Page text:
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Kiwi high jump champ and Paris Olympian Hamish Kerr’s secret weapon

The record-breaking Kiwi is by leaps and bounds our shoo-in for the Paris podium
Hamish Kerr sitting on a high-jump mat with the pole across his lap

Hamish Kerr was just seven years old when he watched New Zealand triathlete Hamish Carter win a gold medal at the Athens Olympics in 2004. Twenty years on, the world indoor high jump champion and 2022 Commonwealth Games gold medal winner is one of New Zealand’s brightest track and field gold medal hopes as he prepares to head to Paris for the 2024 Olympics.

“I always loved athletics at primary school. Over the years, I took it more and more seriously as I realised I could be pretty good at it!” smiles the 1.98-metre athlete.

“As a child, I was always outside playing sports. I played football and rugby mainly, then athletics in the summer.

“But it wasn’t until I equalled the then-national high jump record of 2.30 metres in 2019 that I truly realised the dream of being an Olympian could be achieved.”

The Christchurch-based star, whose 2.36-metre jump in Glasgow in March secured him not just gold, but also the highest jump of the year worldwide, is spurred on by a small village of supporters, including his father Andrew, mum Bridget, girlfriend and fellow high-performance athlete Maddie Wilson, 22, and his best friend-turned-coach James Sandilands.

Hamish flying the New Zealand flag after his Commonwealth win
Bring it on! Hamish says he “loves the feeling when all the hard work pays off”.

“I’ve looked up to Mum and Dad my whole life,” says Hamish, 27. His mum Bridget is a speech therapist, and dad Andrew is a cardiologist at Auckland’s Middlemore Hospital. “I didn’t idolise athletes when I was growing up. But Dad’s work ethic and his commitment to achieving his goals is as strong as any athlete I’ve ever met. He’s the perfect example of how the habits and routines of high performers can be found in anyone, not just Olympians.”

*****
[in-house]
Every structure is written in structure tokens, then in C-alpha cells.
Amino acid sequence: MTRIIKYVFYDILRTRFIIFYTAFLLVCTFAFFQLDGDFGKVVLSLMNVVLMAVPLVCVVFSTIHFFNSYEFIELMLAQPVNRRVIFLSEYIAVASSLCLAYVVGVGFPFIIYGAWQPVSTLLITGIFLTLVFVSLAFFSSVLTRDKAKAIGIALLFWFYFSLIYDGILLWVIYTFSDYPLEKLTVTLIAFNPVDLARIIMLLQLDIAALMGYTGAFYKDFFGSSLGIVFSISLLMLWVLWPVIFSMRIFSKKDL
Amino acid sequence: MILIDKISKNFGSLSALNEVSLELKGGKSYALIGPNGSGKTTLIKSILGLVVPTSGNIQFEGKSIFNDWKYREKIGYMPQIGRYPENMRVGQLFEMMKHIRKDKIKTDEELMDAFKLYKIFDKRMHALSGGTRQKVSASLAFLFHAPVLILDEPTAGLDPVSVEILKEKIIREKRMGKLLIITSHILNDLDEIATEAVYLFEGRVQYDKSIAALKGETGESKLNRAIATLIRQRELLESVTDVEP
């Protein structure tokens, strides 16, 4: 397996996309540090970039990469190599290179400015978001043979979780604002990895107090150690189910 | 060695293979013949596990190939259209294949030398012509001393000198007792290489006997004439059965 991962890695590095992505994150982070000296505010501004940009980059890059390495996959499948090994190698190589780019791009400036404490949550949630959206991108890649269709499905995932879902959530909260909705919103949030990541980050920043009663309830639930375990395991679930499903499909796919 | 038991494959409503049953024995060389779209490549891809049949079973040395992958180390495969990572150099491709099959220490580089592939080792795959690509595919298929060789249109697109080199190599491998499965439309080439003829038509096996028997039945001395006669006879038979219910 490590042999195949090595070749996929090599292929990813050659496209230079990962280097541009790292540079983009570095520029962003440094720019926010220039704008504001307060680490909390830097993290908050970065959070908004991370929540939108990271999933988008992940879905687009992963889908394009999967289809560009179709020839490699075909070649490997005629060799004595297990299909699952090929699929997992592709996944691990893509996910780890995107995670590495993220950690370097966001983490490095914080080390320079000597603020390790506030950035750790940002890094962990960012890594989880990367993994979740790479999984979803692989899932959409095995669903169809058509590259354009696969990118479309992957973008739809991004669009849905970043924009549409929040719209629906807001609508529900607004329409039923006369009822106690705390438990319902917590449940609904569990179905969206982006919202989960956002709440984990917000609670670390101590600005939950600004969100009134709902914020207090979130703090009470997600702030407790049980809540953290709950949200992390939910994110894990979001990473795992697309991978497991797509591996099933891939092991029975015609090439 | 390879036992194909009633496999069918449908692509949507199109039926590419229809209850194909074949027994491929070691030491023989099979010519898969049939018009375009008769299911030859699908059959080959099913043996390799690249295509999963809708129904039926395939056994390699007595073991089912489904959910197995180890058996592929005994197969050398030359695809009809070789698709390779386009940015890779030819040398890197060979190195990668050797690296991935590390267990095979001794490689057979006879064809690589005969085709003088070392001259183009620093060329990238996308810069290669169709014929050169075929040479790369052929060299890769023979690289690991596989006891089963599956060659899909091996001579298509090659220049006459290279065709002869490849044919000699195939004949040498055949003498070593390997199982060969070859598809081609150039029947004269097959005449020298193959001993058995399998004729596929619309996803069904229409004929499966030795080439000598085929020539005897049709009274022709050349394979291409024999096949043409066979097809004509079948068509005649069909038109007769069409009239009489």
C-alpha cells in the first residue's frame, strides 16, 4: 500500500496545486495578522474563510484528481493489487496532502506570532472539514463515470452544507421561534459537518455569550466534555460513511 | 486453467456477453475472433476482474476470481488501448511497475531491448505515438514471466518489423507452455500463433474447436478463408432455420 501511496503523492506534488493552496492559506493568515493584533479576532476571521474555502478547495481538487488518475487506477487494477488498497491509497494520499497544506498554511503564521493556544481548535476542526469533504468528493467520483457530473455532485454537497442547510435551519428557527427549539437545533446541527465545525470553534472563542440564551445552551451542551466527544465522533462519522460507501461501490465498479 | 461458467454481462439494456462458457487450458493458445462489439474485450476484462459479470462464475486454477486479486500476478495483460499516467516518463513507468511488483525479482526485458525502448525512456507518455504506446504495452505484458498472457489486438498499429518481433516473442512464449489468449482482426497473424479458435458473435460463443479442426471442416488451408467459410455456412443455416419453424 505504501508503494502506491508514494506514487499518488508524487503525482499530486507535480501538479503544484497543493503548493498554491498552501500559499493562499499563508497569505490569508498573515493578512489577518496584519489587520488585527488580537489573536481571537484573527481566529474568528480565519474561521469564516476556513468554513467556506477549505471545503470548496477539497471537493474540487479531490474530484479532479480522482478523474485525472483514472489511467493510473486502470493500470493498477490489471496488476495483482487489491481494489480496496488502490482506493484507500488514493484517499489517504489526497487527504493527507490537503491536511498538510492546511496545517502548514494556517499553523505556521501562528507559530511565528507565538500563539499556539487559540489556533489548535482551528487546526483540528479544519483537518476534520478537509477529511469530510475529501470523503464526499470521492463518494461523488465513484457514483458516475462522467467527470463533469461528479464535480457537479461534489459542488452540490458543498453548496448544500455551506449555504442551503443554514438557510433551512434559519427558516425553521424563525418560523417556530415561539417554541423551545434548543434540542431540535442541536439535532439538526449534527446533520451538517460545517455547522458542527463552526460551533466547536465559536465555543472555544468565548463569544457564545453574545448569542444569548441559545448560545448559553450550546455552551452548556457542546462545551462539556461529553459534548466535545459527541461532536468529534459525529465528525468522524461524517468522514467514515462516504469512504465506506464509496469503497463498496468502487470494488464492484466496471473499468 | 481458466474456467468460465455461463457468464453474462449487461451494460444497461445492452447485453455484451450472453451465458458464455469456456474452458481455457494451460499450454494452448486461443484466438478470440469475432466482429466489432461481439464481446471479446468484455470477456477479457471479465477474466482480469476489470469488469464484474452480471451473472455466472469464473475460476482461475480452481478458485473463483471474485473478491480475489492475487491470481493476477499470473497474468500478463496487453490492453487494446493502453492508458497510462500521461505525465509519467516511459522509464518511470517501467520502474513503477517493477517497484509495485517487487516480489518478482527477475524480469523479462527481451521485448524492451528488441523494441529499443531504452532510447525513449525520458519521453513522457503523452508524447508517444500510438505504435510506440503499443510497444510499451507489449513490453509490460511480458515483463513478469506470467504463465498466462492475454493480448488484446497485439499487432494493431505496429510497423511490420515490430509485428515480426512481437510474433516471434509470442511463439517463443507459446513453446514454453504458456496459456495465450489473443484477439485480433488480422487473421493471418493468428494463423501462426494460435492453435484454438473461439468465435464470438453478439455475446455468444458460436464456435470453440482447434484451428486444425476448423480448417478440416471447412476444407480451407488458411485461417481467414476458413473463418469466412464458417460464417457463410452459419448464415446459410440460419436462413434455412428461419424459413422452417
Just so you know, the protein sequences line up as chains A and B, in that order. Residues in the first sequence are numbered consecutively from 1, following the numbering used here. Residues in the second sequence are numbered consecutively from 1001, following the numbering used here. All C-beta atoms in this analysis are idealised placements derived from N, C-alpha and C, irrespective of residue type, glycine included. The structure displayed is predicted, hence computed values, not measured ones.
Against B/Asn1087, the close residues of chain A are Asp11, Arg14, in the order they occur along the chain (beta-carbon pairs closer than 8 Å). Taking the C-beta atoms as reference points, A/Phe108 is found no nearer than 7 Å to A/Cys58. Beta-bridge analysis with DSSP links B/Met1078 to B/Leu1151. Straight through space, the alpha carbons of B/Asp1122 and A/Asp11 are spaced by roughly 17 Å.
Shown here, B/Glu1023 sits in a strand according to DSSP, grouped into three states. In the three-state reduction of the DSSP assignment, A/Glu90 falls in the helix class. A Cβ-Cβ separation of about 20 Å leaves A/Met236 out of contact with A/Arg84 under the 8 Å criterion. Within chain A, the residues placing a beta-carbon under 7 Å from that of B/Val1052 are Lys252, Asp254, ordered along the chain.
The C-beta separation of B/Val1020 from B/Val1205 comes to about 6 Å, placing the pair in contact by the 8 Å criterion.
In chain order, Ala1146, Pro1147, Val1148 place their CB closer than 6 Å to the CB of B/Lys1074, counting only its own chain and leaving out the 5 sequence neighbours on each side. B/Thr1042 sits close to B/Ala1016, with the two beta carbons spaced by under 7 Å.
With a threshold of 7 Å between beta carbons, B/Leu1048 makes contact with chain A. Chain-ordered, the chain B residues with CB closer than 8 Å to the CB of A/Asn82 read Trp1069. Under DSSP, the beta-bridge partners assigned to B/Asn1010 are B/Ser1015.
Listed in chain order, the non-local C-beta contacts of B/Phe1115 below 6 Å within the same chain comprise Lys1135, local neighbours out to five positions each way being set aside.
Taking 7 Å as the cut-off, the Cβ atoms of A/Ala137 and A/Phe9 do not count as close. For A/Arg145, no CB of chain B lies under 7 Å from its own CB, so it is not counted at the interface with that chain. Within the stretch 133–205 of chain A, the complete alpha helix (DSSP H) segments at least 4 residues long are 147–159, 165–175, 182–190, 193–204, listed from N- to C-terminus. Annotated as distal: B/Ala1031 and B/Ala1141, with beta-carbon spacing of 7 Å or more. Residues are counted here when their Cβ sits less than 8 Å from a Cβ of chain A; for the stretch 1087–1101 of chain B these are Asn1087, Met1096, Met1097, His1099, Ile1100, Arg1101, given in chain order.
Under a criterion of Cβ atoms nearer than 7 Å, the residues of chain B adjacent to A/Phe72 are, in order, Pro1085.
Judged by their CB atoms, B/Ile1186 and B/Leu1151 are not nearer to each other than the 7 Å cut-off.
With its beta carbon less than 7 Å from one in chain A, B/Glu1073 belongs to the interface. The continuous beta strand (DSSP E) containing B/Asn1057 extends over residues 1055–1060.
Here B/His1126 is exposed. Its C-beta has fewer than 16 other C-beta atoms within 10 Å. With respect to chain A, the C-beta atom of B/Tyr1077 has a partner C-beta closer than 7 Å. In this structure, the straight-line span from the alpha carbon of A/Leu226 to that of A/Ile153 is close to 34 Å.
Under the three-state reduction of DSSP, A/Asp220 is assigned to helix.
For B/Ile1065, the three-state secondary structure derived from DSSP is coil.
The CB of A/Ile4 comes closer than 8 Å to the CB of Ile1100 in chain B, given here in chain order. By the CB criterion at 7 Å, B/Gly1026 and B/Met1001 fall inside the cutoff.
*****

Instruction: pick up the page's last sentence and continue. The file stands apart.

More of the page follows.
When he’s on the track, having his best mate by his side has been a huge asset for Hamish as he prepares for Paris and, hopefully, an Olympic medal.

“James and I competed together at high school, but we didn’t really know each other as I grew up in Auckland and he was from Timaru. I always looked up to him as he was so much better than me!

“When I moved to Christchurch to train full-time in 2018, I met him again at the track. He happened to have a spare room available at his flat when I was looking for somewhere to live. James, his now-wife Hannah and I all lived together for about two years and became close.”

Hamish standing between his parents, both of them looking up at their smiling son
With parents Andrew and Bridget.

At the time, James was transitioning from being an athlete to a coach. He joined Hamish’s support team as a biomechanist – someone who studies the mechanical aspects of human motion, helping to improve athletes’ performance and reduce injury.

“I never thought I wanted him as my coach as we are such close friends. I didn’t want to jeopardise the relationship,” admits Hamish. “But when my old coach decided to step back, he was the perfect person to step into the role.”

Once they step away from work, though, the pair make time to just hang out – as he does with Maddie, with whom he also trains.

“We spend a lot of time together, in training and out,” says Hamish. He describes his perfect day “at the beach sunbathing with a good book and a nice meal out with Maddie”.

But at the moment, the focus for Hamish and his team is making the most of every minute.

“There are so many ways to be an amazing athlete,” he explains. “For me, it’s about optimism and discipline. A lot of my training is very repetitive, so discipline and not straying from your routine is vital.”

Hamish with his arm around girlfriend Maddie's shoulder
With girlfriend Maddie.

He does, however, have one Achilles’ heel – food.

“In terms of nutrition, I’m not as strict as you’d probably think,” he says. “I focus on having three good meals a day – especially breakfast – and not having too many unhealthy snacks. That’s easier said than done as I love snacking. Whether it’s a bag of lollies, a block of chocolate or a bag of chips, sign me up!”

While that all-important Olympic medal is a focus for Hamish, it’s not the main thing he’s looking forward to. The talented athlete says he’s just looking forward to competing on the world stage.

“Covid made the last Olympics pretty restricted. This time I’m really looking forward to experiencing the buzz of Paris as Olympic fever ignites the city,” he says. “I’m so looking forward to it. I love the feeling when all the hard work pays off. When you win at a competition or achieve a personal best.”

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